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New study finds fast-food companies spending more on ads, targeting Black and Hispanic youth

The fast-food industry spent $5 billion on advertising in 2019, and the advertisements disproportionately targeted Black and Hispanic youth, according to new research published today by the Rudd Center for Food Policy and Obesity at the University of Connecticut. The new report, Fast Food FACTS 2021, finds that the industry’s annual ad spending in 2019 increased by over $400 million since 2012, and that children and teens were viewing on average more than two fast food TV ads per day.

Frequent and widespread exposure to fast-food marketing increases young people’s preferences for, and consumption of fast-food, which is largely high in calories, sugar, fat and sodium. Fast-food represents 40% of all food and beverage marketing expenditures targeted at children and teens (aged 2-17). Using 2019 Nielsen data, the study found that children aged 2-5 viewed an average of 830 TV ads for fast food over the course of the year, while children aged 6-11 viewed 787 ads, and teens and tweens aged 12-17 viewed 775 ads.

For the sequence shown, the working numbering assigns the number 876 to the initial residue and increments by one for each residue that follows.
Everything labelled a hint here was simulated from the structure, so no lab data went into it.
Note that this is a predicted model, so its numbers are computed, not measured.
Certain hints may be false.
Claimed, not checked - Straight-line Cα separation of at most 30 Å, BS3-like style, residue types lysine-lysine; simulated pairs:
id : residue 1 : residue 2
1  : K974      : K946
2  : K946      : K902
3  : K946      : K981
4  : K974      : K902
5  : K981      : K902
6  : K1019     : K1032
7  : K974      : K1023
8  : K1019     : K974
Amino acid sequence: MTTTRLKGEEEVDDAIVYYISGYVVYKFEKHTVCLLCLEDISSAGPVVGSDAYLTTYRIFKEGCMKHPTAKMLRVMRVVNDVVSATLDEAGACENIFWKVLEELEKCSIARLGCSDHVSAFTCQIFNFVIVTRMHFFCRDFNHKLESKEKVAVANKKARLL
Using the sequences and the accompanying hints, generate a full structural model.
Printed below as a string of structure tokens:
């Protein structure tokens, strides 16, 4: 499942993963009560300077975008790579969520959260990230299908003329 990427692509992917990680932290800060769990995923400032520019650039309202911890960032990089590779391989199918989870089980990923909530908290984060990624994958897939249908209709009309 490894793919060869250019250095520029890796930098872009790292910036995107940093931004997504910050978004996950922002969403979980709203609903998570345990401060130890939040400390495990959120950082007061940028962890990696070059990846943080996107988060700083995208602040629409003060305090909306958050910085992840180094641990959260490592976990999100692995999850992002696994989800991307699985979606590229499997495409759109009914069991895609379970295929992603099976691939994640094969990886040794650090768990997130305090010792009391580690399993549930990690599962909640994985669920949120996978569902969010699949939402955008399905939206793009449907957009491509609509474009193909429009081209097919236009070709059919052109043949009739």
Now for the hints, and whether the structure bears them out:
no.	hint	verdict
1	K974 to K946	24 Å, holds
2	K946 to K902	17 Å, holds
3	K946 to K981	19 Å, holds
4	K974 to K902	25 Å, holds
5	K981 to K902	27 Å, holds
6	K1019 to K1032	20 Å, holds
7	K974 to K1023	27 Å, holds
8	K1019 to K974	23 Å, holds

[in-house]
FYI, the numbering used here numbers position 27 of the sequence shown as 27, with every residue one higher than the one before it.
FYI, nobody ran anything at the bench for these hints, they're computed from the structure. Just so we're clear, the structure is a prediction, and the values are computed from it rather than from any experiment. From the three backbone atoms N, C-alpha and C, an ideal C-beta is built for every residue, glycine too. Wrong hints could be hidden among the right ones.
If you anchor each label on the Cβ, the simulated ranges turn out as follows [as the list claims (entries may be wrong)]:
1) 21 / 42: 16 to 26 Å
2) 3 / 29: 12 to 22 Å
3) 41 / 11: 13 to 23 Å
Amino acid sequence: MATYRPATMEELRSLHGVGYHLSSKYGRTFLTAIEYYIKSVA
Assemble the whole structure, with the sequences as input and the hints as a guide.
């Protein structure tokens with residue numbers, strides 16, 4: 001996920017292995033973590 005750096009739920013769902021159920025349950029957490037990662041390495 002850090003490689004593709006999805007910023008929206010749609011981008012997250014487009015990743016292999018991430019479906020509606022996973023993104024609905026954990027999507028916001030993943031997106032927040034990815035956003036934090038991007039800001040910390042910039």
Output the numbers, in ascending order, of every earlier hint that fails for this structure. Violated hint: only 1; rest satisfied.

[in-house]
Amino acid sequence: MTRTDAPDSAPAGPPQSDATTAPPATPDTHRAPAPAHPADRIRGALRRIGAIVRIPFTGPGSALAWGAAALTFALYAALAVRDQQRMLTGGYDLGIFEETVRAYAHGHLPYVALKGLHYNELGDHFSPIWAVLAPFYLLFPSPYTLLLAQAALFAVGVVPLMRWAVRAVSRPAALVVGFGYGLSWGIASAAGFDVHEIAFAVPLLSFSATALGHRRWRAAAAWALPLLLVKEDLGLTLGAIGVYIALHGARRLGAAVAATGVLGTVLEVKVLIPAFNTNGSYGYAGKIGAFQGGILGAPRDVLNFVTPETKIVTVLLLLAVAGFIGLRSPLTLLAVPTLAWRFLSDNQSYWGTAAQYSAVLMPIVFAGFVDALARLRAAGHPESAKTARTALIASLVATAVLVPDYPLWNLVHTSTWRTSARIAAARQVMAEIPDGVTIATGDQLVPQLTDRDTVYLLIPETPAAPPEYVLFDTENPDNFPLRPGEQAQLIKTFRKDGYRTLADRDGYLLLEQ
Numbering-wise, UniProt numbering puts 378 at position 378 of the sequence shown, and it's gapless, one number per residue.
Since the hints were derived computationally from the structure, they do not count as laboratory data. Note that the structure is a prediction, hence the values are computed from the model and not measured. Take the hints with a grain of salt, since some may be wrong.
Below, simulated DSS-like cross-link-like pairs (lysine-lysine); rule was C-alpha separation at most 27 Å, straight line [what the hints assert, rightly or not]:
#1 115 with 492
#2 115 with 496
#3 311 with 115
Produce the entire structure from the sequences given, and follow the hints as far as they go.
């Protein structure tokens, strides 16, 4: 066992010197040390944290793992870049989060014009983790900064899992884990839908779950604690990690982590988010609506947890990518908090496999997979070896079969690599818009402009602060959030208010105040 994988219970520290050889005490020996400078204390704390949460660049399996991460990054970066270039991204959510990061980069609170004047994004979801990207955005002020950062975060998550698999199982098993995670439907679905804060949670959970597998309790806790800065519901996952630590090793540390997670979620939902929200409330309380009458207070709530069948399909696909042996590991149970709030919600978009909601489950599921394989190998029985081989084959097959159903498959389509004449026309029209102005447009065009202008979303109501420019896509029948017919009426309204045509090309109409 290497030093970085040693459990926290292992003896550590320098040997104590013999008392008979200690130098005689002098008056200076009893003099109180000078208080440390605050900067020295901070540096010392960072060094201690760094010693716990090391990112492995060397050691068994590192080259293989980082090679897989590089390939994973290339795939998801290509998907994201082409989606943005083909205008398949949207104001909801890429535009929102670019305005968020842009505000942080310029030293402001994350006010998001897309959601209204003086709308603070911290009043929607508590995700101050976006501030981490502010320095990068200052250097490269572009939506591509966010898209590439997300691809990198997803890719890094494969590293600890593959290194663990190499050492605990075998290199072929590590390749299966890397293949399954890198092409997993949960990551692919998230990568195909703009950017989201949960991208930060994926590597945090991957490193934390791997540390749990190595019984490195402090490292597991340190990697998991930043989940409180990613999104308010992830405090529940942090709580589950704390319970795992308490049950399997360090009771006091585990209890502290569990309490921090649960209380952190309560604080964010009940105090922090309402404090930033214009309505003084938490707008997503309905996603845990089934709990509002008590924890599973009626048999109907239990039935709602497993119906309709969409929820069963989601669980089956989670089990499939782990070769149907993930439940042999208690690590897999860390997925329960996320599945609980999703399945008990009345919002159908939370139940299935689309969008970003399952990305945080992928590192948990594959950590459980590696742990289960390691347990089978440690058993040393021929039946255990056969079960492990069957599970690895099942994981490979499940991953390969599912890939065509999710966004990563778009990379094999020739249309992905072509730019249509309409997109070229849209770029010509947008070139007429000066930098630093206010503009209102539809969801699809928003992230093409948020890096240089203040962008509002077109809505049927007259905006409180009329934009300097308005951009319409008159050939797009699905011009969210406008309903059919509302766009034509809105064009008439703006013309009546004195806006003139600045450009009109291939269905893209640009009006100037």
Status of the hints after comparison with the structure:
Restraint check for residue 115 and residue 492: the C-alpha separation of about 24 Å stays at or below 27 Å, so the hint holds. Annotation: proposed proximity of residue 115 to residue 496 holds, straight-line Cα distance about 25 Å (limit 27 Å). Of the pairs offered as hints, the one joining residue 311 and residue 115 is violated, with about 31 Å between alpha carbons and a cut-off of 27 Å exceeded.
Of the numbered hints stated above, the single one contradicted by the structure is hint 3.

Nearly all of these ads promoted full-calorie regular menu items or the restaurants in general, while just 1% of ads viewed promoted restaurants’ healthier menu items. Moreover, only 10% of ads viewed by children appeared during children’s TV programming and fewer than 10% of ads promoted kids’ meals. Further, many of the restaurants promoted their mobile apps or websites for digital orders in TV ads.

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